I’m a performer. Yet, as I write, I’ve been in some form of lockdown for 59 days. A long list of carefully curated interviews that I was due to present on stage has long ago been wiped out and there isn’t much prospect of an imminent return of public gatherings. As it is for most of us, being confined to my home is an alien experience. Yes, I’m lucky to have my weekend LBC shows, but I’ve had to adapt to a solitary life. I haven’t been touched since February. I’m not moaning, though. People have been losing their lives in their thousands and losing their jobs in their hundreds of thousands – and being forced to pick up new skills, to think differently, to imagine a new way, can provoke a surge of creativity. I’ve been re-channelling my energies.
Anyway, enough, at least for the moment, about me. As an interviewer I’m interested, perhaps more than most, in other people and how they work. Times of flux and strain can stimulate great waves of imagination, and necessity, after all, is the mother of invention. So I’ve reached out to some of the well-known personalities whose paths I have crossed in freer times and asked them how they’re coping. Have they managed to reinvent their ways of working? Has this been a vibrant time? The answers have been varied and thought-provoking.
Juliet Stevenson, the Bafta-winning actress and star of Truly, Madly, Deeply and Bend It Like Beckham, is adapting to an extended run without theatre or film. She has, she tells me, built her own sound studio at home “from a mad mix of mattresses, foam, futons, duvets etc and decorated it like a hashish tent.” Isolation has provided an opportunity to grapple with the technology involved. “I have always been a technophobe,” she reveals, “so I decided I had to stop running from it in fear, turn around and tell myself that my brain was up to the task! I sent my first recordings last week!” As part of the 2.6 challenge she is now offering, via Instagram, personal bespoke recordings of poems, stories and prose – or even a mobile phone greeting – to those who donate. She’s raising money for Breaking Barriers UK, a charity supporting refugees, and feels “a desperate need to be useful”.
Stevenson points out that there are two realities of this pandemic. As she makes clear, it can feel wrong to complain when so many are dying or suffering death, loss and unemployment. But it is, she says, OK to acknowledge how challenging our new circumstances can be: how difficult it is to be separated from friends and family. Still, at least she’s keeping busy and, together with her husband, she’s been transforming the garden. And there’s also the creative flow that she wants to give herself time to explore. “Things keep coming into my head that I want to write or paint,” she explains.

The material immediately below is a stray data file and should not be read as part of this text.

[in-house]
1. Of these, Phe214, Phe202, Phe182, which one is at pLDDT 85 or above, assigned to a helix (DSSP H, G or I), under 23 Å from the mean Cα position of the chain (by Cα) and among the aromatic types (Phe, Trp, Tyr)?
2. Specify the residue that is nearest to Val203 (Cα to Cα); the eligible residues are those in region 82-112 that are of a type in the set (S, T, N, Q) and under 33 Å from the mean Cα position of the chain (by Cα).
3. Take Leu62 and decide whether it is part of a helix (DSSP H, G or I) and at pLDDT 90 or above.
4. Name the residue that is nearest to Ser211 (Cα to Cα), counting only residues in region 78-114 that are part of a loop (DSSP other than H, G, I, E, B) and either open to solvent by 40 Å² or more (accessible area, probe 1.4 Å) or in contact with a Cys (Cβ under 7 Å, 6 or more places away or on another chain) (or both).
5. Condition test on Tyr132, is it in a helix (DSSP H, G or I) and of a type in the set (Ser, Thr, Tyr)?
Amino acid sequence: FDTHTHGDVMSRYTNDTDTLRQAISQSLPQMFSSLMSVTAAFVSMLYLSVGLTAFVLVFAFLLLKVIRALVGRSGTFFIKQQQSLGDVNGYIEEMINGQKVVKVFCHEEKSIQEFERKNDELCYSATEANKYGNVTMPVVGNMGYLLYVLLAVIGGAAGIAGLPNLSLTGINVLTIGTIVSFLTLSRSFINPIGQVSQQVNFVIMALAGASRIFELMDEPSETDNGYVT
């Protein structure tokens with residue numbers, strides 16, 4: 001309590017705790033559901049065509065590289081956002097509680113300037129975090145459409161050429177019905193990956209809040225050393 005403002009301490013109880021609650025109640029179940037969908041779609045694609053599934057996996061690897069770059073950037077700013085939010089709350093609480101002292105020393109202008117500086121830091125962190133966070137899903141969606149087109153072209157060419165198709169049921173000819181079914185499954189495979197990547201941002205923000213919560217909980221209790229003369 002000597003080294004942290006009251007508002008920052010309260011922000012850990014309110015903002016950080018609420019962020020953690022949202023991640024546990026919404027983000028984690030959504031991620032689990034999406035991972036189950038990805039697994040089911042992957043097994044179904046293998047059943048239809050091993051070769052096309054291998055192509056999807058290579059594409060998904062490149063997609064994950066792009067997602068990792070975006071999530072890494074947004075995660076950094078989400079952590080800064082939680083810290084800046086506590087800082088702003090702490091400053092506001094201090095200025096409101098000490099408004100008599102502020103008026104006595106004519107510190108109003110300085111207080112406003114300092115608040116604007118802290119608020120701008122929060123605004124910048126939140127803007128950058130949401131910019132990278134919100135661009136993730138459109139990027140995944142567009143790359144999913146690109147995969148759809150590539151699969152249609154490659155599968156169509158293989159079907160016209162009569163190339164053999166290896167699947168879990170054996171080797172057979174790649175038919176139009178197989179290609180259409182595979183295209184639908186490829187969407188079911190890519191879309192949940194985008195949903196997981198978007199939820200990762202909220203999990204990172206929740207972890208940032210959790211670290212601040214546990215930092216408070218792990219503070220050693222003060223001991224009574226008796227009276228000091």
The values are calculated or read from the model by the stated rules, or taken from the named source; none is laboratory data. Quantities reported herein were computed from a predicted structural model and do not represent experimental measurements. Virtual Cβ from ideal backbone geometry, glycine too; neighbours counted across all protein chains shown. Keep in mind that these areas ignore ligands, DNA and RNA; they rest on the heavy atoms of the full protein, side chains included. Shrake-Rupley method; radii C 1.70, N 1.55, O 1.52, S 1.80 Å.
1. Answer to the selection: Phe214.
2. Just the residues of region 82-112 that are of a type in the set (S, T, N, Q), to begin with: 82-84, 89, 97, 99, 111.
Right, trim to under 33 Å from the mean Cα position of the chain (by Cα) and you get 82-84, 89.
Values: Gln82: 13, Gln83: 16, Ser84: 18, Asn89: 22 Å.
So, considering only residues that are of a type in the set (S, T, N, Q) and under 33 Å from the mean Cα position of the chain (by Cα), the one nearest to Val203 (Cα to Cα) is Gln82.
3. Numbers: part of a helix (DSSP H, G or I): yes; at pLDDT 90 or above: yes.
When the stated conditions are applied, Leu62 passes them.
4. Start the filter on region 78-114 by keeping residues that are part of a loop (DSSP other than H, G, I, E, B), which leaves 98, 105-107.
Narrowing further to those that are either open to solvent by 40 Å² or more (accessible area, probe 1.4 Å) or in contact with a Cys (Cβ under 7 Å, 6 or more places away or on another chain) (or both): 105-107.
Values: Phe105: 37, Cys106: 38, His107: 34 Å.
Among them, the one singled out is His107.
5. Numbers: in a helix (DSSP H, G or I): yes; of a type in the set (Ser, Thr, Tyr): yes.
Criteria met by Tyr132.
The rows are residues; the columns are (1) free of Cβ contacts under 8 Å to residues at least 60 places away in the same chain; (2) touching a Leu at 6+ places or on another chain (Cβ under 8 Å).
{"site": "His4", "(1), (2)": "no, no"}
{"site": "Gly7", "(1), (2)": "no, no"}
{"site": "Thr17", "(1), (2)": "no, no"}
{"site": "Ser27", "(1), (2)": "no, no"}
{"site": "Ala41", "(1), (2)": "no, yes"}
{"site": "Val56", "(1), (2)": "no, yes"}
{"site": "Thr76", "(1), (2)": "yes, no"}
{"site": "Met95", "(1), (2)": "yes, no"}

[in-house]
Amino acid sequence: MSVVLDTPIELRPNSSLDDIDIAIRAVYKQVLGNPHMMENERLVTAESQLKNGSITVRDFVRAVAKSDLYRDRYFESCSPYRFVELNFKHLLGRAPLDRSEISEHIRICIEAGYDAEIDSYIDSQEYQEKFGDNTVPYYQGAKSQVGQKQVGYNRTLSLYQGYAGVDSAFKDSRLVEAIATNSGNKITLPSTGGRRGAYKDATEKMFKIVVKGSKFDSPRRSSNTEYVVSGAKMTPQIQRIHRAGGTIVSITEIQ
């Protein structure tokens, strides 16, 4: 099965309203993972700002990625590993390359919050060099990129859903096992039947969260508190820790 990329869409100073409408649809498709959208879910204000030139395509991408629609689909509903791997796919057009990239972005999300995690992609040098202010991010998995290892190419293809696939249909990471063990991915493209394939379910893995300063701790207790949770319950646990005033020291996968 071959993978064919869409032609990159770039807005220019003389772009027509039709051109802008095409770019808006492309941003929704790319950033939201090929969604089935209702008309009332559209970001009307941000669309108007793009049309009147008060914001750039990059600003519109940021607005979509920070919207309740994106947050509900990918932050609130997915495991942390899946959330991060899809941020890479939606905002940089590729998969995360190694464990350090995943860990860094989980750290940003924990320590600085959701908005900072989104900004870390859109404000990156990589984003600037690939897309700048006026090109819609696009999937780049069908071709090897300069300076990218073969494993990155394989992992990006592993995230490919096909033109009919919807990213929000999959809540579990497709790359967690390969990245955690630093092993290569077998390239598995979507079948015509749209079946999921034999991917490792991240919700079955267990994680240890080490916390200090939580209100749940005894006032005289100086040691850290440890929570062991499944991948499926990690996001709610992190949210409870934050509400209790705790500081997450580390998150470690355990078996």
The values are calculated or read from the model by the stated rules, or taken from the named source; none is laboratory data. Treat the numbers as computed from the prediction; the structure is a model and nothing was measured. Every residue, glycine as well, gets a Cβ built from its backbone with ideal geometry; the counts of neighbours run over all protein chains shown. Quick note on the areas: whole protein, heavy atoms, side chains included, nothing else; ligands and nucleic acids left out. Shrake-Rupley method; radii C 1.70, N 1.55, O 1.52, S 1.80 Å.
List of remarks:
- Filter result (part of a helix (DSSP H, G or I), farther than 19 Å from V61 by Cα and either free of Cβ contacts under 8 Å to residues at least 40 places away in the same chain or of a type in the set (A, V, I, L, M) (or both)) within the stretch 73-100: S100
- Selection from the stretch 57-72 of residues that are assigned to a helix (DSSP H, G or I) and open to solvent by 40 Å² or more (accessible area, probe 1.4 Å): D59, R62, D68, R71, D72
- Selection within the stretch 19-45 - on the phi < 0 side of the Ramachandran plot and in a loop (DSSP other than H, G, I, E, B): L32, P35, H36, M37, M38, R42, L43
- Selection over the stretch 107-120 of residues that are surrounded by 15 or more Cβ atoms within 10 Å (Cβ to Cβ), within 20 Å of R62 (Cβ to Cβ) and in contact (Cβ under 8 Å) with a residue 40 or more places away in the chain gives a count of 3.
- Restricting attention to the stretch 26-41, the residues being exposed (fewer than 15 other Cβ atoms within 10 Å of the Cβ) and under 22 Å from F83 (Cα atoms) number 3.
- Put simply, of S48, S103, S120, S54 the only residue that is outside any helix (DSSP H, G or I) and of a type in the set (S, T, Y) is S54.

Actor Samuel West should be in rehearsal for the West End transfer of The Watsons. Not being, he says, has been difficult. “I miss the company, and Laura [Wade, the Olivier Award-winning playwright] and I have loved working together on it,” he adds. “I miss going to the theatre a lot – and football and gigs too. I love, live, communal things.” But the Pandemic Poems project, among others, has helped to give him a “purpose”. In mid-March he asked for requests on Twitter from anyone who wanted him to read a poem they liked. Hundreds of suggestions later, he puts up new recordings every day. “Be an asset to the collective,I thought; the best way to do that in lockdown seems to be reading aloud,” he says. “I’m really pleased that people are enjoying it. It’s a vocal workout and it’s kept my creative muscles fitter than otherwise. The other muscles are busy with two children under five. THAT’s hard.”
Hermione Norris, star of Cold Feet, Spooks and Kingdom, has been making use of Zoom and workshopping a piece with the playwright Tanya Ronder and two other actresses. And Steven Berkoff, whose extensive credits include the eclectic mix of Rambo, James Bond and Kafka, is throwing himself into a mix of activities. “As an actor I spend half of my life in lockdown,” he says, “that’s when I decided to become a writer. So this new lockdown in a way has been quite encouraging. I have been writing a play about the life of an unemployed thespian.” He’s reissuing his collection of short stories, Tales From An Actor’s Life, and is self-publishing his collection of poetry which will be coming out later this year. He’s even ventured creatively onto the internet: “This has been quite an adventure for me,” he reveals “and something new. For example I put Smoke, a poem about the evils of smoking in the plague year, on my YouTube and Instagram platforms.” Otherwise, he’s been sleeping and reading. “The best book I’ve read in years is Michael Cashman’s book, One Of Them. Heart-breaking.”
Elif Shafak is not only an internationally acclaimed author, she’s an excellent public speaker, too. I’ve shared a stage with her several times and she’s one of the most thoughtful, imaginative people I’ve interviewed. “I am missing public events,” she admits, “especially literary festivals. I miss talking about books and literature and the state of the world, celebrating books together, and I miss book signings, talking to readers from all backgrounds and listening to them. During the lockdown people read more books, which is good, but for writers this is not a ‘productive’ time at all.” I’m surprised, but she continues. “You sit at your desk and stare at your laptop or a blank page with deep anxiety. When there’s so much suffering and inequality everywhere, when life is so fragile, uncertain, what difference does it make whether you put a comma here or find a synonym for that word?”